Mr. Schipper is a member of and former deacon in Southwest Protestant Reformed Church.

Wherefore, brethren, look ye out among you seven men of honest report, full of the Holy Ghost and wisdom, whom we may appoint over this business.” 

Acts 6:3

Once each year the men currently holding office in our churches meet together as council and consider who among the men in the congregation best meet the qualifications for deacons as mentioned in Acts 6 and in I Timothy 3. The office bearers consider these qualifications in light of the unique duties Christ calls deacons to perform. The church has gleaned from the Scriptures its understanding of this office and has expressed the responsibilities of deacons in our Church Order and in our Form of Ordination of Elders and Deacons, The congregation must prayerfully consider the men nominated and vote for those whom they think to be best suited for the office. In this way Christ calls the men whom He wants to represent Him as the merciful High Priest in a local congregation. Electing good deacons is necessary for the spiritual health of a congregation. We must take the calling seriously. We must review the qualifications and responsibilities of the office of deacon on a regular basis.

John a Lasco was pastor of a refugee congregation in London during the time of persecution that followed the Reformation. Under his leadership the church developed a rich understanding of the office of deacon. It is instructive to note the procedure for electing deacons in his congregation. P.Y. DeJong in his The Ministry of Mercy for Today states on page 65,

The consistory would prescribe a special day of fasting and prayer on which the minister was to preach twice, explaining the nature and function of this holy office. Thereupon the congregation joined in prayers for the wisdom and guidance of God. Within the next week, the ballots of the members were collected at the homes by the elders. From those designated by the members, the consistory elected the necessary number.

Though our churches do not follow the formal aspects of this procedure, we can learn something from the great importance which the Reformed churches historically have placed on the office of deacon.

When instituting the office of deacon, the apostles called the congregation to consider the qualifications for the office in the same breath they used to indicate the reason for the office (Acts 6:3). This points out that the apostles were not looking merely for assistance with some administrative and logistical details. The apostles realized that they were not doing justice to a particular aspect of the office of Christ in the church. Christ’s care of His poor required men who made this work their peculiar business. The apostles therefore set forth the qualifications they felt were necessary for those who would represent Christ as He cared for the poor in their fellowship. This was emphatically a spiritual calling with spiritual qualifications, namely, being of honest report and being full of the Holy Ghost and of wisdom.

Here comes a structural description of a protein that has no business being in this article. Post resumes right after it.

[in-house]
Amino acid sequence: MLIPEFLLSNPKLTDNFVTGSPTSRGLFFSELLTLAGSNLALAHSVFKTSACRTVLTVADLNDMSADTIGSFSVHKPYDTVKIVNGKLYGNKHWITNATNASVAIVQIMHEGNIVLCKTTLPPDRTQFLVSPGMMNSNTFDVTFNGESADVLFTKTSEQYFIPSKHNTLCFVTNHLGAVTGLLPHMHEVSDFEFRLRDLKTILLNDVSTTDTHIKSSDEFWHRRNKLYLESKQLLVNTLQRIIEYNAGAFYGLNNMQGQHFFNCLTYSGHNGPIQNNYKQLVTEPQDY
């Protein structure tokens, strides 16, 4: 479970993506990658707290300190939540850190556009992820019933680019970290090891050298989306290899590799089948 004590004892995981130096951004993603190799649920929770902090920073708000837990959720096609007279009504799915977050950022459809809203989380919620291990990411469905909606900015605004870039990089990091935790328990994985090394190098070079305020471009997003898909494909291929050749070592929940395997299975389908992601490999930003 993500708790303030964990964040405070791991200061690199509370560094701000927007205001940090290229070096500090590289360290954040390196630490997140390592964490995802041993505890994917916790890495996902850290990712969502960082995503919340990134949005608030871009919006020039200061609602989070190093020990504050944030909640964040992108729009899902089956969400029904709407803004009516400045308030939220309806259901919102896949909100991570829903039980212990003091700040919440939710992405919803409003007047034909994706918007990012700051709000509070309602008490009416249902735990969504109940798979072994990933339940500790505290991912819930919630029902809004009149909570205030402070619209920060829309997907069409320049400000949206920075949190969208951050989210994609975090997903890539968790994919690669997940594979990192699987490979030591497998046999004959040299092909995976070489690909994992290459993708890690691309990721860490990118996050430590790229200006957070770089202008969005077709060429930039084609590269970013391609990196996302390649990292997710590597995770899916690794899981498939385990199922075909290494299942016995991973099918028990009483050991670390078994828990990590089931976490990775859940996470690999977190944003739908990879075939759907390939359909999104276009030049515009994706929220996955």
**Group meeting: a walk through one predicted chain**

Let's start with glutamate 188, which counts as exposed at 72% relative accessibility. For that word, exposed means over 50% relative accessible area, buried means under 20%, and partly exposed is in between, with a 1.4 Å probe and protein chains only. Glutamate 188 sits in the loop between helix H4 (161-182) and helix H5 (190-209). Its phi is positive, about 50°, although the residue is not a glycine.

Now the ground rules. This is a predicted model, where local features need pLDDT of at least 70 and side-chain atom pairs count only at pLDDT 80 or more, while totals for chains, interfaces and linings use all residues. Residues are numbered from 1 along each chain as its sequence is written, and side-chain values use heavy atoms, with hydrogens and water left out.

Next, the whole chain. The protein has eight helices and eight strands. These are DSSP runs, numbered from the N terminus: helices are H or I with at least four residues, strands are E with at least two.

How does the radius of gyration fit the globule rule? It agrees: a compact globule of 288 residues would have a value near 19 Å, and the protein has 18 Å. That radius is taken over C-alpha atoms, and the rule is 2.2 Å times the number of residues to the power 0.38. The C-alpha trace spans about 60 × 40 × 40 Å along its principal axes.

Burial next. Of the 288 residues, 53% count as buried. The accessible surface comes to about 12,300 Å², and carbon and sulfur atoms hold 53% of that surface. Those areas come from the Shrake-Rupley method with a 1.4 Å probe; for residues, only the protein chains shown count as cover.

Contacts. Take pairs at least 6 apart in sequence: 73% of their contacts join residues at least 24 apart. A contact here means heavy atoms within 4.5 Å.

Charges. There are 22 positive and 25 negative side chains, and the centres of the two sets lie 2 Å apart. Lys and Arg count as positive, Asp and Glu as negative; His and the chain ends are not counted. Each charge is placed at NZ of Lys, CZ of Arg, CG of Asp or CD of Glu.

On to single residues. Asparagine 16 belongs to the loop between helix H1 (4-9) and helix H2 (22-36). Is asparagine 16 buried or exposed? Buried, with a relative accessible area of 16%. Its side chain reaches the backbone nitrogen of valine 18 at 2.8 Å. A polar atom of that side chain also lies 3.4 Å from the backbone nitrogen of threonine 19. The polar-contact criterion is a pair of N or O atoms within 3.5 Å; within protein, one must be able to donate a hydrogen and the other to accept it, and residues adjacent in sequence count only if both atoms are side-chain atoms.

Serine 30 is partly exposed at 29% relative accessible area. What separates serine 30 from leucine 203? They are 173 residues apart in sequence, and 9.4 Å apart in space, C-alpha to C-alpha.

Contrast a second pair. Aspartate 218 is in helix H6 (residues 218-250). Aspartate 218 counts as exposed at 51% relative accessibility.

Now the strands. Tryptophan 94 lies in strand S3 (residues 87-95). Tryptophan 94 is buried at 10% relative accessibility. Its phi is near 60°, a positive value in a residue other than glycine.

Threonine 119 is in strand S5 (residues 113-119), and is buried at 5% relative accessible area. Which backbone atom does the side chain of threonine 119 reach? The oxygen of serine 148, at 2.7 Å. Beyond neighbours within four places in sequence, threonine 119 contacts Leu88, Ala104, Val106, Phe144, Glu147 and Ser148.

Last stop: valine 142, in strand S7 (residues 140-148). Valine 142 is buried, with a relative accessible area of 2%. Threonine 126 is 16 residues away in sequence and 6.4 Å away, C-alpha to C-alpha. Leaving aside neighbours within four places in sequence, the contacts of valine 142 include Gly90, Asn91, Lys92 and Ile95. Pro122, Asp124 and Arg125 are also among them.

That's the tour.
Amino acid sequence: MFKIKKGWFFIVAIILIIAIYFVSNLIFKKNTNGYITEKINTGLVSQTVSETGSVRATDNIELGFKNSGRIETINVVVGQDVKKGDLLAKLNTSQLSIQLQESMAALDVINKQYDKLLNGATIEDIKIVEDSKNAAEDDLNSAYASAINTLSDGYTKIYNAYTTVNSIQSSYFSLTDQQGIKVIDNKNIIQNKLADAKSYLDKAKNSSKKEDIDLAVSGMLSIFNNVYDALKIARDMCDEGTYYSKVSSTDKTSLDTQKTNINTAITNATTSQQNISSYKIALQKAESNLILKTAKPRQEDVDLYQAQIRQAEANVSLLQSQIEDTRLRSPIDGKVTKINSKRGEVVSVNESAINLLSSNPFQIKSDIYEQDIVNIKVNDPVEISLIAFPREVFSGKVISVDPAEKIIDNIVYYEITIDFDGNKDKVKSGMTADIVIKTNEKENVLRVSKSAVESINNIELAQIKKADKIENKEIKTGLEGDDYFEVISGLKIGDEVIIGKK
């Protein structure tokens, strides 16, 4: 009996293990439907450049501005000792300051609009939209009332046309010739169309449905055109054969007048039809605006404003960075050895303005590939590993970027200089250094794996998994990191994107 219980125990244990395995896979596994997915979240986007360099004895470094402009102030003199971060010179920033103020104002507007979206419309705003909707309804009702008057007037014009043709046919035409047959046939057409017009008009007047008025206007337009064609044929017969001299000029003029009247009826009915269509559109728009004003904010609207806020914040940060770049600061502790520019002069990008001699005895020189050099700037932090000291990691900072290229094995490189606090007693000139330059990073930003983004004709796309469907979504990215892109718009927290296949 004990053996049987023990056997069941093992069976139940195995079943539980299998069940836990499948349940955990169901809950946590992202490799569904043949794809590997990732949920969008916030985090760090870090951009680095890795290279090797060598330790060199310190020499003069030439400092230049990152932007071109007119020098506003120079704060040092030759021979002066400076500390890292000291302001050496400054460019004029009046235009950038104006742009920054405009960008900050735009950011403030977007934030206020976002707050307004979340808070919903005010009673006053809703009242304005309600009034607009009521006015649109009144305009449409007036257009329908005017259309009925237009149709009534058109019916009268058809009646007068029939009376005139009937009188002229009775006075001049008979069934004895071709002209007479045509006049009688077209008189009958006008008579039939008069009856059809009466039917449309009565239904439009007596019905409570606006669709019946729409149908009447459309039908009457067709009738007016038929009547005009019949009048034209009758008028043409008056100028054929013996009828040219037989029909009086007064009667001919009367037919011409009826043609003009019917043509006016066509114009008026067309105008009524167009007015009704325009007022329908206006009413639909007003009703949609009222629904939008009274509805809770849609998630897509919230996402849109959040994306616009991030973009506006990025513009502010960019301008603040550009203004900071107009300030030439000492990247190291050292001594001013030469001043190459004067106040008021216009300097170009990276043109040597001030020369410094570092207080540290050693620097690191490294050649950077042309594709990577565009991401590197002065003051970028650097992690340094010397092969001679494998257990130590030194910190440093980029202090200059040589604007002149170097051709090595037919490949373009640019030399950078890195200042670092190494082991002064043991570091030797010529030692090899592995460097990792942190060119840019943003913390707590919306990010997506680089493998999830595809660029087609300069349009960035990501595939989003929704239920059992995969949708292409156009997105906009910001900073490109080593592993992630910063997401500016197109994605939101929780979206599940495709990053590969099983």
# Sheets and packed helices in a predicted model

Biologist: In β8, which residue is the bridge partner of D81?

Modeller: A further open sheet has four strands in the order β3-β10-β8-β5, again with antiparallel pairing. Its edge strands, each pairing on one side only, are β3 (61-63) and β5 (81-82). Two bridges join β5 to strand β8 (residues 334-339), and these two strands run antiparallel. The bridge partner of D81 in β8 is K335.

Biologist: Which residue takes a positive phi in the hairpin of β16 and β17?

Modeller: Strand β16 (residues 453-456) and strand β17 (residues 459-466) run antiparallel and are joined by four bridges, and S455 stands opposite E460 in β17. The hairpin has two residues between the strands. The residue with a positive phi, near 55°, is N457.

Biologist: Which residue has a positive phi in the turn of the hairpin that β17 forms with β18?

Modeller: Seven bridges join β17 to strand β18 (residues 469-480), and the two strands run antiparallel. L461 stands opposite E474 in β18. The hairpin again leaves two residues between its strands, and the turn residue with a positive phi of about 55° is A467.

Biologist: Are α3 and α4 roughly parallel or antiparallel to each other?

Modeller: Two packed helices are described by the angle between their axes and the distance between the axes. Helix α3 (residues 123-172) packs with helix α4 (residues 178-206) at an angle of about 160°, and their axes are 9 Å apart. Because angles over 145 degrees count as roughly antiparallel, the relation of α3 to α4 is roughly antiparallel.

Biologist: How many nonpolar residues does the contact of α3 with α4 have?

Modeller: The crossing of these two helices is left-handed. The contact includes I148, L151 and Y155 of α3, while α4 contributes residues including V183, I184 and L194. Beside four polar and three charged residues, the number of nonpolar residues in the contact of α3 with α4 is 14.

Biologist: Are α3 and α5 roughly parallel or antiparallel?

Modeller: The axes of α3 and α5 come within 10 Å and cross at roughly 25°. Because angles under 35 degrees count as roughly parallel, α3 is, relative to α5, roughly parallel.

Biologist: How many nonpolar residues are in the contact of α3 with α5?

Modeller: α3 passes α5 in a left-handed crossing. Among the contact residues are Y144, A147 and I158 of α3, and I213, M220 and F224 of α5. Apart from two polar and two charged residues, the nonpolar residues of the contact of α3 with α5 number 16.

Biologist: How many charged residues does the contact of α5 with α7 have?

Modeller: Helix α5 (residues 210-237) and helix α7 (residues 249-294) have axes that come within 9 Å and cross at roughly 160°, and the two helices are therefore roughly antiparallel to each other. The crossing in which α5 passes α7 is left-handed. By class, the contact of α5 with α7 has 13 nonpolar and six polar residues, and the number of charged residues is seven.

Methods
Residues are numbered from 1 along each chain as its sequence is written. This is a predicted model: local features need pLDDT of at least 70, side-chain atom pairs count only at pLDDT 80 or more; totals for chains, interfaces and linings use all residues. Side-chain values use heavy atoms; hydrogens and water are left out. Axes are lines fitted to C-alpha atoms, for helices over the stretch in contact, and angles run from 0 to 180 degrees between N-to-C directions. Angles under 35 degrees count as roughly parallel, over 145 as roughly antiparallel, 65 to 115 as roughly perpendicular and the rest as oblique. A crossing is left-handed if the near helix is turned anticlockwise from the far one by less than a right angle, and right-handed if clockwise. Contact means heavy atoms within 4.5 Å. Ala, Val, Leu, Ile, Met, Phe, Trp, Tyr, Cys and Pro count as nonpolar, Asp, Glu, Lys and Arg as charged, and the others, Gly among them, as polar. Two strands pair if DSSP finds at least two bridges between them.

The apostle Paul gives an extensive treatment of the requirements for officebearers in I Timothy 3. After listing the qualifications for ruling elder, Paul states the characteristics of good deacons. They must “be grave, not doubletongued, not given to much wine, not greedy of filthy lucre; holding the mystery of faith in a pure conscience.” The apostle continues by stating that the deacons must “be the husbands of one wife, ruling their children and their own houses well.” The Church Order and Form of Ordination summarize the calling of deacons. Articles 25 and 26 of the Church Order maintain that “the office peculiar to the Deacons is diligently to collect alms and other contributions of charity . . . and faithfully and diligently to distribute the same to the poor as their needs may require it.” These articles also call the deacons to visit and comfort the distressed and to assist the poor, making use of institutions of mercy. The Form of Ordination gives similar instruction, as it notes that calling of deacons to be the diligent collection and preservation of the alms along with cheerful, discrete, and prudent distribution to objects of charity.